By LOHR McKINSTRY
PORT HENRY -- When someone asked him to play Mr. Spock in a "Star Trek" fan picture here, Ben Tolpin thought it was a joke.
Now, with Vulcan ears firmly attached, the Los Angeles-based actor and director is not only spouting Spock's lines but directing the production of "Enemy Starfleet."
The episode, which takes place aboard the original Enterprise, also stars original "Star Trek" guest star Barbara Luna playing a space pirate who steals a federation starship and romances Capt. James Kirk.
Tolpin now feels honored he was chosen, but he didn't feel that way when Ticonderoga resident James Cawley, who produces the fan videos and plays Kirk, called him.
"I thought I was on Candid Camera," Tolpin said. " He said will you play Spock?' I said are you kidding me?' And here I am."
Cawley's volunteer troupe of fans is now called "Star Trek Phase II," and the productions are shot on detailed sets built inside a cavernous former garage in Port Henry.
"I saw it as a chance to play an iconic character," Tolpin said. "It fulfilled a lot of small fantasies for me. Plus, when would I ever get to play Spock again?"
As a professional director, he saw guiding the mix of fans and professional actors who do the fan pictures as a challenge.
"I felt we could notch up the performances of the actors. And they've pulled together."
"Enemy Starfleet" was written by David Galanter of Michigan, who also wrote seven "Star Trek" novels for Pocket Books, and Patty Wright.
Galanter was at a science-fiction convention in Baltimore when he saw one of Cawley's previous productions.
"It blew me away. I said this is magic in a bottle. It did what Star Trek' hasn't done in 40 years. I called up Jim. I started working on ideas."
He loves just hanging out on the set and watching them shoot.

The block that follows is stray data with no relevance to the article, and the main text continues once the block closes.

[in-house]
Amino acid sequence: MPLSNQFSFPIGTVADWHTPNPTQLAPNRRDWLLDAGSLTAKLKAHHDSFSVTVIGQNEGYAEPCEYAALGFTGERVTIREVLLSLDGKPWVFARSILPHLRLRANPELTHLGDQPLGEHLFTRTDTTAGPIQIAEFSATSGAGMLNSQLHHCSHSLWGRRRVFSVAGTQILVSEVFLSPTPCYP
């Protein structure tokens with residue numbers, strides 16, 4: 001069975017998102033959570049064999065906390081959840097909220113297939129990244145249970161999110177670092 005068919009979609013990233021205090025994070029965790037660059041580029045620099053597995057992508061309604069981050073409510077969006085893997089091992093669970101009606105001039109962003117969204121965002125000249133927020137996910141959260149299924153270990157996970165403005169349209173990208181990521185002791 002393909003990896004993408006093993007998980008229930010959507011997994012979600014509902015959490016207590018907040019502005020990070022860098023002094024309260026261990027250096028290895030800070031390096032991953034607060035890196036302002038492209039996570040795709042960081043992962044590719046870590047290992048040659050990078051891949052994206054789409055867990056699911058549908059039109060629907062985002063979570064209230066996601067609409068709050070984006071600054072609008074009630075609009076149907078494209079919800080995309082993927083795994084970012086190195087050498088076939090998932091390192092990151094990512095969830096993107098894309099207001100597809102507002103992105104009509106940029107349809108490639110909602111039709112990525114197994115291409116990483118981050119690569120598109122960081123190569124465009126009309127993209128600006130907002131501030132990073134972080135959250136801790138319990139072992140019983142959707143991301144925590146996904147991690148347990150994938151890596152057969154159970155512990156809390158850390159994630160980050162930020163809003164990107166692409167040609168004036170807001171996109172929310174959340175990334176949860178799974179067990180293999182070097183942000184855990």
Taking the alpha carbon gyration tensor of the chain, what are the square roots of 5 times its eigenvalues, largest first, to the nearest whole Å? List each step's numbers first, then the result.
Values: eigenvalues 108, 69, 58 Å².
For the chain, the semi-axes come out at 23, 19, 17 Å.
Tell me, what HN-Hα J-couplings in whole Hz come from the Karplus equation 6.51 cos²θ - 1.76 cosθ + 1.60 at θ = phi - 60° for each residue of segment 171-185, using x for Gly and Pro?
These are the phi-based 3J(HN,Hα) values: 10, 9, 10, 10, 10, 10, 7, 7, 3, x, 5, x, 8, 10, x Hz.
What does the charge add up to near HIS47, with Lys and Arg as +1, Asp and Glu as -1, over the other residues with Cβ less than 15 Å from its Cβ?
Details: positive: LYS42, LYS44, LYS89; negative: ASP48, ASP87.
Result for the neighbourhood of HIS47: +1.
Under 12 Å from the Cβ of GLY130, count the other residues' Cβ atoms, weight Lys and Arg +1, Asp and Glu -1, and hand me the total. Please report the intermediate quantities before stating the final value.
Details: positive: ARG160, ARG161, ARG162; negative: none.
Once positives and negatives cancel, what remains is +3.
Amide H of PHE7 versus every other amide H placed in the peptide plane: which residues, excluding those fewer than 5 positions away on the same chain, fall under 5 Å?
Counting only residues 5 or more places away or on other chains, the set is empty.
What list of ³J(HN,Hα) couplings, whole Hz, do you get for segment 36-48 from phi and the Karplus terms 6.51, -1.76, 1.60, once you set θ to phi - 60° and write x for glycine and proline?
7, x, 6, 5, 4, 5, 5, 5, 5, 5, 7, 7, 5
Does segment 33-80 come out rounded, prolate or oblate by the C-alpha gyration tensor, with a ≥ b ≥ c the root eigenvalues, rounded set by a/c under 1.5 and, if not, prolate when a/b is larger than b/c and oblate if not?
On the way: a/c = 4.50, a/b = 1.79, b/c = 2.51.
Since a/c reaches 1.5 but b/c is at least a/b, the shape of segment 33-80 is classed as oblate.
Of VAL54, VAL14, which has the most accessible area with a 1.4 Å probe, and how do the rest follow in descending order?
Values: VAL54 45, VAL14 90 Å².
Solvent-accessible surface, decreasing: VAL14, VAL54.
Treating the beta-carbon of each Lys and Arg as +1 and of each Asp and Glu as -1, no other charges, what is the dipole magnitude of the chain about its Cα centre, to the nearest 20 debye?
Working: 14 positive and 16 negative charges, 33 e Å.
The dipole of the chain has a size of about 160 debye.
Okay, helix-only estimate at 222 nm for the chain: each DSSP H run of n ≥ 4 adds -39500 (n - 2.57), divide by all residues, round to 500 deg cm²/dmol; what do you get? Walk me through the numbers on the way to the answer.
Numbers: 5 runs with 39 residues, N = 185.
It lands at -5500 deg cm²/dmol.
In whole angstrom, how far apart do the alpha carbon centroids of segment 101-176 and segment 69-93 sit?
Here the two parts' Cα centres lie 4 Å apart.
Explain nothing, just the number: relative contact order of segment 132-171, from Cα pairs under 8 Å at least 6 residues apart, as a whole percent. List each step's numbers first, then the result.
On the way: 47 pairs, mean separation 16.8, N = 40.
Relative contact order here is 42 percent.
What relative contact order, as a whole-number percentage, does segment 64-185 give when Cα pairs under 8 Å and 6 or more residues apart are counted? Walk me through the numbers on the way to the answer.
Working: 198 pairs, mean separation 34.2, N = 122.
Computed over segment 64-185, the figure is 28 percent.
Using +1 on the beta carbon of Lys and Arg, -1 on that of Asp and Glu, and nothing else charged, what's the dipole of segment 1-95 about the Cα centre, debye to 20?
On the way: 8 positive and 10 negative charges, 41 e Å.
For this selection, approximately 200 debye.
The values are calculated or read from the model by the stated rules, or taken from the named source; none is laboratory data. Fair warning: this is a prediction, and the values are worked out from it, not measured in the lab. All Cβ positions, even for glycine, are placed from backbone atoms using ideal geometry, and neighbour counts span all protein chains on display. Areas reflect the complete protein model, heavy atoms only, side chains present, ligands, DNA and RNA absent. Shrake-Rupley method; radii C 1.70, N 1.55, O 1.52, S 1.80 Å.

"They make it look like the original show. I'm in awe of their talent."
Playing an Andorian captain in "Enemy Starfleet" is an actor well known to science-fiction fans for just his voice.
Vic Mignogna plays Broly in "Dragon Ball Z", along with the English versions of several other Japanese anime shows.
"I've been in voice acting for 10 years," he said. "I've always been a big Star Trek' fan, and I asked James if I could come up and do something."
Jay Storey of Watertown said he learned about the fan pictures from the Internet and contacted Cawley.
"He offered me the part of Kyle, the security chief, in the new episode. I was a fan as a kid. Now I'm back in it again."
Cawley said shooting should be substantially finished by next Friday, and the video is slated for a March 2009 release.
"The special-effects school at Universal Studios Orlando is doing all the effects. It's their class project."
He said he wants his productions to remain true to the vision of "Star Trek" creator Gene Roddenberry.
"Gene Roddenberry created a universe where we're all equal. Star Trek' was about firsts. They tackled issues."
The original "Star Trek" featured the first racially integrated cast and the first interracial kiss.
"We're having fun and we're making films people want to see," Cawley said. "I'm happy.
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